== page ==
Friday, July 24, 2009

Pregnancy & Meditation

One of my favorite evening meditations for the baby is a derivative of a Thich Naht Hanh meditation from his amazing book, True Love: A Practice of Awakening the Heart.

It is a simple meditation where you pick a single focal point (usually within oneself -- your heart, for example) and say as you breath in - I am aware of my heart, and as you breath out - I smile at my heart.

My take on this meditation is to put both of my hands on my belly, breath in and communicate with the baby -- "Baby, I know that you are there" and as I breath out -- "Baby, I am smiling at you."

It might seem odd to some people, but I know the baby feels it and experiences it. I often feel the baby moving inside of me during these meditations and it definitely leads me (and baby) into a calm and peaceful sleep. It's amazing how simple and yet effective it is. I've struggled with meditation in the past (due to a distracted mind), but most nights this meditation comes to me very easily.

And, in keeping with my theme of Ten, I close this blog with ten lines from True Love:

"So every time you have an energy
that needs to be transformed, like jealousy or fear,
do something to care for this energy, for this negative energy,
if you do not want this energy to destroy you.
Touch the seed of mindfulness, and then all of its energy
will be able to establish itself in your 'living room,'
like a mother tenderly embracing your pain. With that energy of mindfulness,you are
doing the true practice of meditation with regard to your pain, your emotions.
If you are able to maintain mindfulness for five or ten minutes, you will experience some relief right away." 

Wednesday, July 15, 2009

Ten - An Egyptian Retrospective

It was almost exactly 10 years ago that I moved to Cairo, Egypt (6 weeks before my study abroad program would begin) and had my first encounter/experience with the Middle East. Please enjoy a list of 10 ways this experience/decision influenced my life:

10. The experience expanded my world-view and allowed me to gain a better understanding of the complexity and universality of the world.

9. I fell undeniably in love with travel and exploration and haven’t been able to stop venturing abroad since.

8. I experienced generosity and hospitality at an amazing level, which taught me to be more giving.

7. I saw first-hand the possibility that peace can exist (and has and does exist) between Israelis and Palestinians as Ramon and I celebrated Christmas in Bethlehem alongside Israelis, Palestinians, Germans, Africans and so many others from around the world, who celebrated together in an atmosphere of love and hope.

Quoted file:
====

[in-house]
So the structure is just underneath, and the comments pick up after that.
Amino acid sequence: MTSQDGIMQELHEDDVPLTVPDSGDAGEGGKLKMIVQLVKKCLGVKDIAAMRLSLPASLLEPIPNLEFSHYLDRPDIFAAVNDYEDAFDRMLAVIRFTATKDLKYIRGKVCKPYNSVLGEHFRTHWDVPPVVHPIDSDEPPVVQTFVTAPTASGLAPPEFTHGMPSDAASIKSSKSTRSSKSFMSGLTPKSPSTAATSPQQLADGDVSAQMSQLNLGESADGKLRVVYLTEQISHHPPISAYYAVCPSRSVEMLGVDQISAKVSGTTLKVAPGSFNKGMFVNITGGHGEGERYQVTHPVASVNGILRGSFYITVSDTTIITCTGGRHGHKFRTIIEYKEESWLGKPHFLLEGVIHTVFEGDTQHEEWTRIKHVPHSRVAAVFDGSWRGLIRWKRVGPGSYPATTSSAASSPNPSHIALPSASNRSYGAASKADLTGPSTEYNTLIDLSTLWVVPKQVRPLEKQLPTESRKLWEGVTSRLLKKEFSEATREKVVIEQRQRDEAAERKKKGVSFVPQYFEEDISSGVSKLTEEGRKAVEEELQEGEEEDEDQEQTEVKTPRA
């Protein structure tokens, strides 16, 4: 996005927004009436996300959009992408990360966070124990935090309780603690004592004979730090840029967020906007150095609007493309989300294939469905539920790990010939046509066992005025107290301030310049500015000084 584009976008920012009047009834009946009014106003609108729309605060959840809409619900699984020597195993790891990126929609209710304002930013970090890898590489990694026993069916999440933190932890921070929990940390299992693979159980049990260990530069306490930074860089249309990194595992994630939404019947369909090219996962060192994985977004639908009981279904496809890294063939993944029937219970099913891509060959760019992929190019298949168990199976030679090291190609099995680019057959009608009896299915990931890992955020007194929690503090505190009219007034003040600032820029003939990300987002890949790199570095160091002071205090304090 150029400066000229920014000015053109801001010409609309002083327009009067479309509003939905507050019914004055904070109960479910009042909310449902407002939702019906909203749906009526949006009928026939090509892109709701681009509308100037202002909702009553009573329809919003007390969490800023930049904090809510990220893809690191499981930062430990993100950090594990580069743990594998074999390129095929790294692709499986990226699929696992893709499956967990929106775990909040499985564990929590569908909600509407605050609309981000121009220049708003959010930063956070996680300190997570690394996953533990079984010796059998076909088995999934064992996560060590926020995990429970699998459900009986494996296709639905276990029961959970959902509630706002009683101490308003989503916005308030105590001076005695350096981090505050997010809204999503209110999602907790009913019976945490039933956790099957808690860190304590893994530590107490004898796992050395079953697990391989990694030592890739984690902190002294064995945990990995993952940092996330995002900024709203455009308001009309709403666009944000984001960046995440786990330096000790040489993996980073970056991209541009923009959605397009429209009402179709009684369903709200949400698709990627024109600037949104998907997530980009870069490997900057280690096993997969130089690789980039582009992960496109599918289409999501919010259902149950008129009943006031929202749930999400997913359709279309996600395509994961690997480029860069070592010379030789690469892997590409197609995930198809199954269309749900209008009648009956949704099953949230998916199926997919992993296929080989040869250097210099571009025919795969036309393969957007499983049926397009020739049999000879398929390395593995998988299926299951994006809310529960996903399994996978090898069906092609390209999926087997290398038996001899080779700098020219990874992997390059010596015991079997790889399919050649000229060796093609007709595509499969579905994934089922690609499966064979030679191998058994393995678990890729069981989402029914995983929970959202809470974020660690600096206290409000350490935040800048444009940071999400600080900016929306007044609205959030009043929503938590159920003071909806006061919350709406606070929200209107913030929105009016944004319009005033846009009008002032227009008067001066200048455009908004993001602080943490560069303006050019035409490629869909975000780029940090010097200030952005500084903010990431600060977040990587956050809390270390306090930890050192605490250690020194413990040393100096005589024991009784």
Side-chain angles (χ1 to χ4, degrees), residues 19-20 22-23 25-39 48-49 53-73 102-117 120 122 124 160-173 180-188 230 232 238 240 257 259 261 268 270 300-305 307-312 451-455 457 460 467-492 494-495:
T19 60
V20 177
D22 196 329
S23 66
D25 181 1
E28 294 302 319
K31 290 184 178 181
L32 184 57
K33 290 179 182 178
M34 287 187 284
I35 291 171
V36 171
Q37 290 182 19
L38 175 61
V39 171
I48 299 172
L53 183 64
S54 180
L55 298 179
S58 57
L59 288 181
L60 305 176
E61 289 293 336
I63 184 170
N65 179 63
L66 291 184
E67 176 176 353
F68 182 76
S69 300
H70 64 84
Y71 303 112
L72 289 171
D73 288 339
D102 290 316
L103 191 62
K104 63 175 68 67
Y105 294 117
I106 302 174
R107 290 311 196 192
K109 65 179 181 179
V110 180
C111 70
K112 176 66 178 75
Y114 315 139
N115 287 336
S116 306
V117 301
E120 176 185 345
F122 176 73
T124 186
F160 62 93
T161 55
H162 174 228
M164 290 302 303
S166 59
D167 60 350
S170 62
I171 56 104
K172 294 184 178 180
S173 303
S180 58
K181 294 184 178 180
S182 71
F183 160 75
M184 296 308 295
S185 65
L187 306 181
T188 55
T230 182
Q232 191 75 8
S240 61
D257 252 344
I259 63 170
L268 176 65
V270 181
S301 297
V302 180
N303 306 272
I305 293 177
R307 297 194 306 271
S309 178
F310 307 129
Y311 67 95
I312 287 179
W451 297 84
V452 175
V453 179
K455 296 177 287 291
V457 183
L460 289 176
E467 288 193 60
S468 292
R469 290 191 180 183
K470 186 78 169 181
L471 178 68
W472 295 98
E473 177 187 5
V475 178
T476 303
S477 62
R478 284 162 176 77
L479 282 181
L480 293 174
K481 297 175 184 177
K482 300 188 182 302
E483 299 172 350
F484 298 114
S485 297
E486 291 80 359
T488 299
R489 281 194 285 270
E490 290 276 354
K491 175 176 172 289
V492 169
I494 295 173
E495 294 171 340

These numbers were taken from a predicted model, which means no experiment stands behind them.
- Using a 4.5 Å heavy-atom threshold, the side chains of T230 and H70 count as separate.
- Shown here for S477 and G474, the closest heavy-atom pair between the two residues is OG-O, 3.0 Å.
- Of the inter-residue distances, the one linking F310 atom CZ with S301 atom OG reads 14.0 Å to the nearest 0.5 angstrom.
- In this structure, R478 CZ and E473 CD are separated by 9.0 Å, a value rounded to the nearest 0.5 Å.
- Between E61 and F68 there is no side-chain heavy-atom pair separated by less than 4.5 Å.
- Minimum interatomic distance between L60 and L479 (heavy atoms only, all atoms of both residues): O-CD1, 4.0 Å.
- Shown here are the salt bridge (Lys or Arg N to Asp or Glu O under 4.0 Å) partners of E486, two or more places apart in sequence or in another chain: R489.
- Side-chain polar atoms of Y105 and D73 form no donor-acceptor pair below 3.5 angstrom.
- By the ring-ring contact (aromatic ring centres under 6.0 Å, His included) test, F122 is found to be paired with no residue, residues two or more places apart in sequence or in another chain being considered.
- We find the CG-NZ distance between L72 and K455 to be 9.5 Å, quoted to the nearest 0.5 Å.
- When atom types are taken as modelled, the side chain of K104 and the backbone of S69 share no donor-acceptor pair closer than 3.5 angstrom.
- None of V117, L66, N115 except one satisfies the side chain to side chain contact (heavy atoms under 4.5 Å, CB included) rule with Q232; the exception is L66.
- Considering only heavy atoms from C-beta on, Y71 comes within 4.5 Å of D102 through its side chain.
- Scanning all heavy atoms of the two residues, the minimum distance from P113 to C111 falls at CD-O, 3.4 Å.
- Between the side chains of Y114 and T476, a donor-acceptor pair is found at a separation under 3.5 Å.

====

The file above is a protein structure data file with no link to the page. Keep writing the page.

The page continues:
6. I gained confidence and strength as I journeyed through various parts of the Middle East alone.

5. I learned Arabic (though I must admit 10 years later, it is quite rusty and lost in the depths of my brain waiting to be recovered from years of storage).

4. I am now able to share my experience with others and breakdown many stereotypes and misconceptions that exist about the Middle East and Islam.

3. I decided that my life should be lived as a peacemaker.

2. I met amazing people who taught me a variety of wonderful things about life and gained a few lifelong friends.

1. And, of course, I met and fell in love with Ramon, who ended up being my partner in life, love, work, art and so much more. I feel so blessed to spend each day working together to grow our non-profit, to teach the arts to children, to push our creative abilities through filmmaking, to (now) be starting a family together, and to have his support and love in all that I do and to return that support and love. Being together makes each of us better.

I’m sure, there are many other ways that my trip to Egypt changed my life, but these 10 are stick out, and I am certain that when I went to Egypt, I never imagined that all of this would be the result, but I am definitely grateful that it was.

*
Though it is 2009, this year for me is the year of “Ten’s” or at least a year when grouping things in Ten or thinking about things in groups of Ten has been (and continues to be dominant):
  • Ramon, my wonderful life partner, and I will be celebrating 10 years together in December, at which point we should have just celebrated the birth of our first child (expected to arrive around Nov. 5)
  • My documentary, “Ten,” which has been swirling around in my brain for almost two years, is finally really taking shape and I am applying for development funding for the project; the application is due on the 1st day of the 10th month
  • I recently did a writing/visualization project a friend sent me that involved selecting 10 things I wanted (and there are many more examples of Ten's in my life.
With all these Ten’s swirling around and my recent awareness that my blog upkeep since my run has been less than stellar, I’ve decided to set a goal of keeping my blog simple and trying to post every 10 days with, at the very least, a list of 10 – not like David Letterman’s (I’m not that funny), but a 10 list that is relevant and important to my life. The Egyptian 10 is the first of many to come.